Then the Lord said to Moses, “Get up early in the morning and confront Pharaoh as he goes to the river and say to him, ‘This is what the Lord says: Let my people go, so that they may worship me. 21 If you do not let my people go, I will send swarms of flies on you and your officials, on your people and into your houses. The houses of the Egyptians will be full of flies; even the ground will be covered with them.

22 “‘But on that day I will deal differently with the land of Goshen, where my people live; no swarms of flies will be there, so that you will know that I, the Lord, am in this land. 23 I will make a distinction between my people and your people. This sign will occur tomorrow.’”

There are two observations I want to make about this plague. Here is the first. The second will come tomorrow:

God will deal differently with His people in judgment. In many ways, the day of judgment will be one of division and distinction. It will clearly and truly be seen who are God’s people and who are not. Before that day, we are not in a position to make such judgments. The Lord knows those who are His and He will make it known.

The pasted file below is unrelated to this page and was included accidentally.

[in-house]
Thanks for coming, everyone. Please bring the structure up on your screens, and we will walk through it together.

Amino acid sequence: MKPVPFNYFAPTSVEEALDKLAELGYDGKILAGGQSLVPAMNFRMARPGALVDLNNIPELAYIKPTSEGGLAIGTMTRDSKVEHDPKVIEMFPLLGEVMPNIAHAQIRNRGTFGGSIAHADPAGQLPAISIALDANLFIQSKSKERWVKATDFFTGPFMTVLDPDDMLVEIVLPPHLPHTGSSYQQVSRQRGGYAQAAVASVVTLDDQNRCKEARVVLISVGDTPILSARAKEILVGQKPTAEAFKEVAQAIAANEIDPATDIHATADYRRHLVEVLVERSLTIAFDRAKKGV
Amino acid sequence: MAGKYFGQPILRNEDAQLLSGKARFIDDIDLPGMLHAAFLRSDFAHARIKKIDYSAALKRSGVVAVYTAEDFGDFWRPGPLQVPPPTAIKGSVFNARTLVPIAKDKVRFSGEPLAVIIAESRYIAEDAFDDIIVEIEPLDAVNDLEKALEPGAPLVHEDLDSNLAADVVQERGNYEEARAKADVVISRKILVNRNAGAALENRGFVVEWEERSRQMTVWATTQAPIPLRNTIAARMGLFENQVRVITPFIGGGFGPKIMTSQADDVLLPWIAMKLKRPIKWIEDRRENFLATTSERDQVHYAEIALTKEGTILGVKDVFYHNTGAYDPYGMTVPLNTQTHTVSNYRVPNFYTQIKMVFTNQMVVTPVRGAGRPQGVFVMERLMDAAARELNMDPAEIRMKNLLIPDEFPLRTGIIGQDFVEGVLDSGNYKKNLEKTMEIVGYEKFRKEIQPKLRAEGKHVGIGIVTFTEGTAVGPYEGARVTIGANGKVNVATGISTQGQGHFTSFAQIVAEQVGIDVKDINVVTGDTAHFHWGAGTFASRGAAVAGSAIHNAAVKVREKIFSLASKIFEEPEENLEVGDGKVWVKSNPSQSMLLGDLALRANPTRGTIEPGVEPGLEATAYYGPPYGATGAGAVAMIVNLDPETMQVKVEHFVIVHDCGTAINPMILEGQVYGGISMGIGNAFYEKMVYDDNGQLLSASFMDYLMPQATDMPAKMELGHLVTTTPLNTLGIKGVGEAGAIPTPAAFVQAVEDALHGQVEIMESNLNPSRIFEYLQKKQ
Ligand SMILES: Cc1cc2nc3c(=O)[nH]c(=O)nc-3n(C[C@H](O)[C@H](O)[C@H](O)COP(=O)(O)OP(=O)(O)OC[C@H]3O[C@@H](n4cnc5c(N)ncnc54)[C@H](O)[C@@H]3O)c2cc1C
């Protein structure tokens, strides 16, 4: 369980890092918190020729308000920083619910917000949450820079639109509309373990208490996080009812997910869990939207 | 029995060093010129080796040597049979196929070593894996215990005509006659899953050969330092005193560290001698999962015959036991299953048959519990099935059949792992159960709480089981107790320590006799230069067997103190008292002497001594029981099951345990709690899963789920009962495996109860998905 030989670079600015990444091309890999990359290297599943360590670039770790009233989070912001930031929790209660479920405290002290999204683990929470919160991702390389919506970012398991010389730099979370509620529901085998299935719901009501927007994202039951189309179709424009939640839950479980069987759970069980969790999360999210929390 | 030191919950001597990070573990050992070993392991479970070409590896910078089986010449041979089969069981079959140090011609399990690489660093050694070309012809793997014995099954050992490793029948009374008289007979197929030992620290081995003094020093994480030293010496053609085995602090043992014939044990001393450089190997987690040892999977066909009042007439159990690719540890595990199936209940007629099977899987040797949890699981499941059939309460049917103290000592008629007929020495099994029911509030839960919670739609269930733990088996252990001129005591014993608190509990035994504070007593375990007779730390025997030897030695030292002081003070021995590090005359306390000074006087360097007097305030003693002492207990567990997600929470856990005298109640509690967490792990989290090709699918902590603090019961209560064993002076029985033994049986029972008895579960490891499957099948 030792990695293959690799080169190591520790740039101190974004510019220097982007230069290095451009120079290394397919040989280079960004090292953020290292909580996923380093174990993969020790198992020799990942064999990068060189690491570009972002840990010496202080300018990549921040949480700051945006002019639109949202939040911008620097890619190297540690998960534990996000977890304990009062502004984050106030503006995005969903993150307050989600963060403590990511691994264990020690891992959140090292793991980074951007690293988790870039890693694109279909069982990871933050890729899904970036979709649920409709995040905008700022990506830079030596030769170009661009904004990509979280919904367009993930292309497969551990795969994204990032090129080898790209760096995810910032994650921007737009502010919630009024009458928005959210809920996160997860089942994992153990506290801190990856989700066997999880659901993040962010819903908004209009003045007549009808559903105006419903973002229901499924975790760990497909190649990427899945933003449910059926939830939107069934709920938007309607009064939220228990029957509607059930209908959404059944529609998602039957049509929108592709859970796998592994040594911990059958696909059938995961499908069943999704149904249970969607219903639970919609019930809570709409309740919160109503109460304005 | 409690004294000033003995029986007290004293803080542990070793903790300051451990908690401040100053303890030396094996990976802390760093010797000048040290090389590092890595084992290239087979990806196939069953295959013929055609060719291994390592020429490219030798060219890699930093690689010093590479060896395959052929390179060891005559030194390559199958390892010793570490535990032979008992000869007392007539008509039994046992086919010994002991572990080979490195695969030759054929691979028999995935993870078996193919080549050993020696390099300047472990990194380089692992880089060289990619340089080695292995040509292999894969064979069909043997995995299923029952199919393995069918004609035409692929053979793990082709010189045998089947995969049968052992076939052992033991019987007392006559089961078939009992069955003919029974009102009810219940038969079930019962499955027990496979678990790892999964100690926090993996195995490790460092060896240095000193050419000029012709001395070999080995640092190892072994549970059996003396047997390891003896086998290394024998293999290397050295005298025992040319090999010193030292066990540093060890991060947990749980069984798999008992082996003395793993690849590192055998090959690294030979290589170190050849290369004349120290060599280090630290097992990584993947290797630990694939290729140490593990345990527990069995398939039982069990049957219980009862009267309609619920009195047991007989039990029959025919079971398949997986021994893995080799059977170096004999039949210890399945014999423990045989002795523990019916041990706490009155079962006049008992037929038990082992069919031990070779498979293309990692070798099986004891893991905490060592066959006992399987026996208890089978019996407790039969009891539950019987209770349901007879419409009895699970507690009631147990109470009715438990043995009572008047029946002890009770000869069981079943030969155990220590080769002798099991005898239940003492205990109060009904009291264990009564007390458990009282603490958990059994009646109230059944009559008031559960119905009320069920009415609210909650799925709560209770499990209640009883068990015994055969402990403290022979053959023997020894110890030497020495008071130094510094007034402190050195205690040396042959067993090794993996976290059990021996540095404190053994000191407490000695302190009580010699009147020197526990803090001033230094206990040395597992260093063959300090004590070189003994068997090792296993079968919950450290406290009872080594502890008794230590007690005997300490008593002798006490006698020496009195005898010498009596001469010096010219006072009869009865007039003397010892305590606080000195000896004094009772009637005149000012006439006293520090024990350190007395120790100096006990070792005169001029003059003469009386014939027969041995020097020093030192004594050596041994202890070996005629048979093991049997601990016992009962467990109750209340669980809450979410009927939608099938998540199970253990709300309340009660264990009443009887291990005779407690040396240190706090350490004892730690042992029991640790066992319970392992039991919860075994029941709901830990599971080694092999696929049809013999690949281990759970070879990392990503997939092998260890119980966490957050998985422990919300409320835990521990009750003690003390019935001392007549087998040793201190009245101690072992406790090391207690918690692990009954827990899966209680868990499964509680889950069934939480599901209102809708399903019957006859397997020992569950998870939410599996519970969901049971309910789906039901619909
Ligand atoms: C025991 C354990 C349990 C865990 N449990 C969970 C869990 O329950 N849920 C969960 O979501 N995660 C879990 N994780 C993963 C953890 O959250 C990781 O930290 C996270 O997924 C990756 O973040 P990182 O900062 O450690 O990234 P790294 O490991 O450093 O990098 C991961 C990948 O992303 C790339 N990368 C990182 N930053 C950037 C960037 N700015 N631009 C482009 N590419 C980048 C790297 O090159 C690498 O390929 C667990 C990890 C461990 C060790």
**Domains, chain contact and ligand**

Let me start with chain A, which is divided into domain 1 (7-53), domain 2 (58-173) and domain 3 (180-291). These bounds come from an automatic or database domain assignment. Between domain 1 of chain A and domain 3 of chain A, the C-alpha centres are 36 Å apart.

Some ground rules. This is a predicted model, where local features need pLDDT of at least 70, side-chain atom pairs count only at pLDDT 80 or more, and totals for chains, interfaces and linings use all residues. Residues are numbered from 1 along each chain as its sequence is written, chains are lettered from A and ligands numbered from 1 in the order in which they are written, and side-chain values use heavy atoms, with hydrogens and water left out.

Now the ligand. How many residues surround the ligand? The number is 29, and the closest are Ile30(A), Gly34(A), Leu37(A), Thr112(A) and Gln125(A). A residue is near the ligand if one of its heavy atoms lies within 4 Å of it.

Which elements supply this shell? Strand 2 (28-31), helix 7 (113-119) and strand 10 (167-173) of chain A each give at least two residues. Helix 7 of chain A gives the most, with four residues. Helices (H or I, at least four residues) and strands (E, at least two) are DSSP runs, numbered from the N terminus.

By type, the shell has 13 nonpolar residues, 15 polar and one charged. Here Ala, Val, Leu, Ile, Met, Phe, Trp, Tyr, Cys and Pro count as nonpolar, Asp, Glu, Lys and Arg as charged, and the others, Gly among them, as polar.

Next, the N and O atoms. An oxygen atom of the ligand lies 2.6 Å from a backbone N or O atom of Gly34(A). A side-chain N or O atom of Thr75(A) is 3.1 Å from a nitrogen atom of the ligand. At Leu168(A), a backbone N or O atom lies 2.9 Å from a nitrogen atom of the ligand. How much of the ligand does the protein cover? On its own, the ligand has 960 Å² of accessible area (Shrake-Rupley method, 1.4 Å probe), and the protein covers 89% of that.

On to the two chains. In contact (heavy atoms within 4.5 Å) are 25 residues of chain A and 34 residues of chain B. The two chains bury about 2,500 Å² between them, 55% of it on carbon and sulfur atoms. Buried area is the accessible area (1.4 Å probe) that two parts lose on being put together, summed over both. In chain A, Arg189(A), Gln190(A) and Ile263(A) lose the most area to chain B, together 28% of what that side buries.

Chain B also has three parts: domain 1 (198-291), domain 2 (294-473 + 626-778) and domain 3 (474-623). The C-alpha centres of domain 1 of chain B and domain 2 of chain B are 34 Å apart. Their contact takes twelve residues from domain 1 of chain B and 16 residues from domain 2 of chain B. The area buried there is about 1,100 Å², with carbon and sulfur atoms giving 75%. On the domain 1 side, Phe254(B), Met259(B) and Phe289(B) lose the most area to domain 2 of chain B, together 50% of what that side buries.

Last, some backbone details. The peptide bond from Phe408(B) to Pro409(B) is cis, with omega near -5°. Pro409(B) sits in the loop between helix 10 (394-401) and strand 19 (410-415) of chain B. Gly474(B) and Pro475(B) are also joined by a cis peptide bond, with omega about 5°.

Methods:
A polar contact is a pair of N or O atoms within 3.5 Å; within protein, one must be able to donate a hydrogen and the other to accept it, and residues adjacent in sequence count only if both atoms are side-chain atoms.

But even now He makes a distinction between the church and the world. The church is called (and enabled) to be so different, and this difference is meant to be much more than that we go to church while everybody else doesn’t! It is about the lives we lead – being a counter-culture.

“Do everything without grumbling or arguing, so that you may become blameless and pure, “children of God without fault in a warped and crooked generation.” Then you will shine among them like stars in the sky as you hold firmly to the word of life” (Philippians 2:14-16).

There is a definite distinction in the night sky between the darkness and the shining, luminous planets. So it should be with Christians in the world. Even as I came downstairs on this cold, dark morning, the light from the moon made a difference.

G.Campbell Morgan, in a sermon on the beatitudes, asked, ‘What is the character of the Christian’s influence? It is the influence of the Christian’s character?’